Is It Just A Crappy Relationship?

Or are you trauma bonded to your spouse?
10 signs

Bonds between people can be an amazing, wonderful thing. You think of the love bond between happily married people. The maternal bond between mother and child. The friend bond between BFFs. But did you know that bonds can be formed that are every bit as strong but are harmful and toxic?

It’s counterintuitive, but people can develop incredibly deep loyalties to those who are using them, abusing them, and exploiting them. Think of the prostitute who “loves” her pimp. The abused wife who won’t leave her husband. Victims who help or even marry their kidnappers.

The bonds that form between a victim and an abuser are called “trauma bonds” or “betrayal bonds Could you be in a trauma bond with your spouse? Here are 10 signs you might be. (Trauma bonds happen to both men and women.)

1. You think being treated badly is normal. If you tell your friends and family how your husband/wife speaks and behaves toward you, they are concerned for you. Yet you think it’s not THAT bad and you stay, hoping they’ll change.

2. Fighting. You have repetitive fights about the same thing, over and over, and no one ever wins, there’s never any insight. If you do feel that you “got somewhere” with the fight, that’s all wiped out when you have the same fight about the same thing again — probably the next day.

3. You defend your abuser/user.You find yourself complaining to friends, family, or therapists about how your wife/husband is treating you, but then instantly begin to defend him/her or blame yourself, i.e., “Well, if I didn’t nag him so much, he wouldn’t have hit me,” or “If I wasn’t so fat or hairy, she wouldn’t need to cheat.”

4. Loss of free will. Everything in your mind tells you to leave your spouse, but you find yourself unable to make any kind of change. You’re stuck.

5. You’re in love with the fantasy, not the reality. You find yourself incredibly attached to the “storyline” of “how things should go” or “how they should be” despite the fact that the reality of the relationship bears little resemblance to it.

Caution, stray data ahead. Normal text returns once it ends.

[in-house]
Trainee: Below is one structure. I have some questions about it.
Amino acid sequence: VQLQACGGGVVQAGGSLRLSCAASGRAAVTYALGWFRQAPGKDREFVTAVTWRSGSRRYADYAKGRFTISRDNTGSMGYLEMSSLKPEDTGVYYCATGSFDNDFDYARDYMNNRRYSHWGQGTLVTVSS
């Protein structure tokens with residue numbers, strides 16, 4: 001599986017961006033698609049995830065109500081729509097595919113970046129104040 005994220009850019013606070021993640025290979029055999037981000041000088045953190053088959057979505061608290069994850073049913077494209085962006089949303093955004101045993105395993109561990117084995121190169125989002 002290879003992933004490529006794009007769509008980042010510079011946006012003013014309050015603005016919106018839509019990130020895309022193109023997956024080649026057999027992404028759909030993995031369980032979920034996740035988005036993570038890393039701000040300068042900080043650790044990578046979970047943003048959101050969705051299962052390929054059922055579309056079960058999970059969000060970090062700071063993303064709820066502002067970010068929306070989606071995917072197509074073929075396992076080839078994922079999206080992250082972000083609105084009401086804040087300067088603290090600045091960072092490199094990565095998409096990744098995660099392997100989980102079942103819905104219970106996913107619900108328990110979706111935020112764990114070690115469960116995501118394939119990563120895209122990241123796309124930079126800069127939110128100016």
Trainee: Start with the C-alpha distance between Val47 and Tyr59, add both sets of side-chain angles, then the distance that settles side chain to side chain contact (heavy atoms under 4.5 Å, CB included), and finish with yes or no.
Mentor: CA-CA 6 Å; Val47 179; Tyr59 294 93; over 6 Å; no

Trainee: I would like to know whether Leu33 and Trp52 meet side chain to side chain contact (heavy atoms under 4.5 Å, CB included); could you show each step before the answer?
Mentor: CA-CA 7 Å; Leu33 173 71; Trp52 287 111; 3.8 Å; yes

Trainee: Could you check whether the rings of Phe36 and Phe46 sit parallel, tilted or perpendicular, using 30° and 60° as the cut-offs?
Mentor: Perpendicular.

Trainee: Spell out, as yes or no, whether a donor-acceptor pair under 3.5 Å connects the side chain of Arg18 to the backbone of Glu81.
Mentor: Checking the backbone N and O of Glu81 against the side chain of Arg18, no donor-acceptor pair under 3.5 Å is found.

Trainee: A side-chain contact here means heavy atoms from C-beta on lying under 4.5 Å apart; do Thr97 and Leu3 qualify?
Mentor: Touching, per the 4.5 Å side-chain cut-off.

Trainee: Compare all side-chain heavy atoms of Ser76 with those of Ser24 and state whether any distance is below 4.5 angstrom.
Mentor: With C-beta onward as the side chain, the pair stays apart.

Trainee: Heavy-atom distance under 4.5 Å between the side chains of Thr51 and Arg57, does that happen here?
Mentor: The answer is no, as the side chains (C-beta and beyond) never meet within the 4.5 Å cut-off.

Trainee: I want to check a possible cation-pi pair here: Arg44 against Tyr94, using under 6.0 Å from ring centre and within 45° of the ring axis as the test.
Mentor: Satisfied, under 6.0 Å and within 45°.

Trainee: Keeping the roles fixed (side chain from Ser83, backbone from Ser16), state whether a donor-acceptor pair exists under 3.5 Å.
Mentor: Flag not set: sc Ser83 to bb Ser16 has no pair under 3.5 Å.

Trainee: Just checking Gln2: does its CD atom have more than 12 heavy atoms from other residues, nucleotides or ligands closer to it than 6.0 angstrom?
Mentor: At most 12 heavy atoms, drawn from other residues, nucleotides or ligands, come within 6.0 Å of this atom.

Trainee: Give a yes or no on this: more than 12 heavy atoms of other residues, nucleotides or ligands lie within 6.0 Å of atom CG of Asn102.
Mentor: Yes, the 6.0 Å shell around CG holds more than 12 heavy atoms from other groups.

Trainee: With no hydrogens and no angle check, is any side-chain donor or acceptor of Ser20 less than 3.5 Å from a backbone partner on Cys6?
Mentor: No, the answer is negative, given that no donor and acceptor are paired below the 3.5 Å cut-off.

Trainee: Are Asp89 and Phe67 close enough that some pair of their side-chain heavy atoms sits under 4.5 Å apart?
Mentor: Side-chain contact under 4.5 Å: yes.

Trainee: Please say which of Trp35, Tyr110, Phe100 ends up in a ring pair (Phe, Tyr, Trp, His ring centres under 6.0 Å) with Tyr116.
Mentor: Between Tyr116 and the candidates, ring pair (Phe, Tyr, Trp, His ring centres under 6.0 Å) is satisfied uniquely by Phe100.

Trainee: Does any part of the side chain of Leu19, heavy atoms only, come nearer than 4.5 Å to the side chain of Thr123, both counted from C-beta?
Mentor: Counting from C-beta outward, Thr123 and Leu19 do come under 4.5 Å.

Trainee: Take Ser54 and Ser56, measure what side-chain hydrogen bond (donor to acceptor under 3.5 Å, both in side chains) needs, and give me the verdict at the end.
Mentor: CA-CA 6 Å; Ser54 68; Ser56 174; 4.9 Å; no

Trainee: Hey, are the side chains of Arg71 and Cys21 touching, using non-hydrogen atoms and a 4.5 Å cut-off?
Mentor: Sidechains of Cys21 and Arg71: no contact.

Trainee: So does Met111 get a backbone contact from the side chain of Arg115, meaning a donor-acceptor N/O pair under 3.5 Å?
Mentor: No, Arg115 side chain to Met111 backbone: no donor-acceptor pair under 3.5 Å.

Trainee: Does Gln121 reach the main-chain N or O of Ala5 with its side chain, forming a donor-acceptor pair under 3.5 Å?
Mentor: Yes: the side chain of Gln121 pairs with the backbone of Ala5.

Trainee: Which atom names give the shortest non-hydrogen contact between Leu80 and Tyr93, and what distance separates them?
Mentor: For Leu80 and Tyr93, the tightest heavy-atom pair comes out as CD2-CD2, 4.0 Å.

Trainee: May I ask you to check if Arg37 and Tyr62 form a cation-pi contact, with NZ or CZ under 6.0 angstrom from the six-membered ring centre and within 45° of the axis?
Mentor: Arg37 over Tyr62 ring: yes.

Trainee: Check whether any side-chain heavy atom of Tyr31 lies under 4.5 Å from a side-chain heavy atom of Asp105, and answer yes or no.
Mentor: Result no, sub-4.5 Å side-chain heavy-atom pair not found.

6. “Auuuughhh!!!” You often feel like Charlie Brown, who repeatedly kicks the football that Lucy holds, only to have her pull it out at the last minute. The idea that THIS TIME she won’t pull the football continues to have power despite her always pulling the football and you always landing on your back.

 7. You keep trying to “convert” your spouse into someone who treats you right, “convince” her to behave differently, or “prove” yourself to her. You think if only you can “prove” yourself, everything will be different. You try to get her to “understand” that what she does/says is hurtful to you. If only she would “understand”!

8. You don’t like her. You “love” your spouse, but you don’t like, respect, or even want to be around her.

9. The next generation. Although you can’t leave your spouse and even say you don’t want to, you’d be horrified if your daughter brought home a new boyfriend and declared he was “just like daddy.”

10. Obsession. If you do manage to break away from your spouse, you obsess and long to the point of nostalgia about the horrible relationship you got away from and that almost destroyed you.

Have you ever been in a trauma bond?

See full article here
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23 thoughts on “Is It Just A Crappy Relationship?

  1. Angi says:

    This is me. The one that really got me was the next generation. The thought makes me nauseous. I’m trying to get out of my situation and it’s so hard. I feel like my feet are stuck in concrete. I’ve never been more scared in my life

    Liked by 1 person

  2. learning to live like water says:

    Some of this describes my relationship with my ex-husband, but not all. My ex was controlling and abusive, and much of these describe that relationship. It took me a long time to disentangle myself from that relationship, emotionally and physically, because by the time I figured it out he owned everything and I had nothing but a job. It doesn’t really describe the S relationship though. He was not controlling, not abusive, just a narcissist who could be totally charming at times. In fact, most of the time, until he was stressed, and then his true colors showed over and over. It was all about him. I think that the relationship with my ex has helped me to know what I have to do with S, not to let it drag on forever. Good informative post.

    Liked by 1 person

  3. Rita says:

    Very sad and fascinating stuff, em. I have a sister who lived through this exact thing. It took twenty years for her to find the strength to save herself and her children from this situation.

    Liked by 1 person

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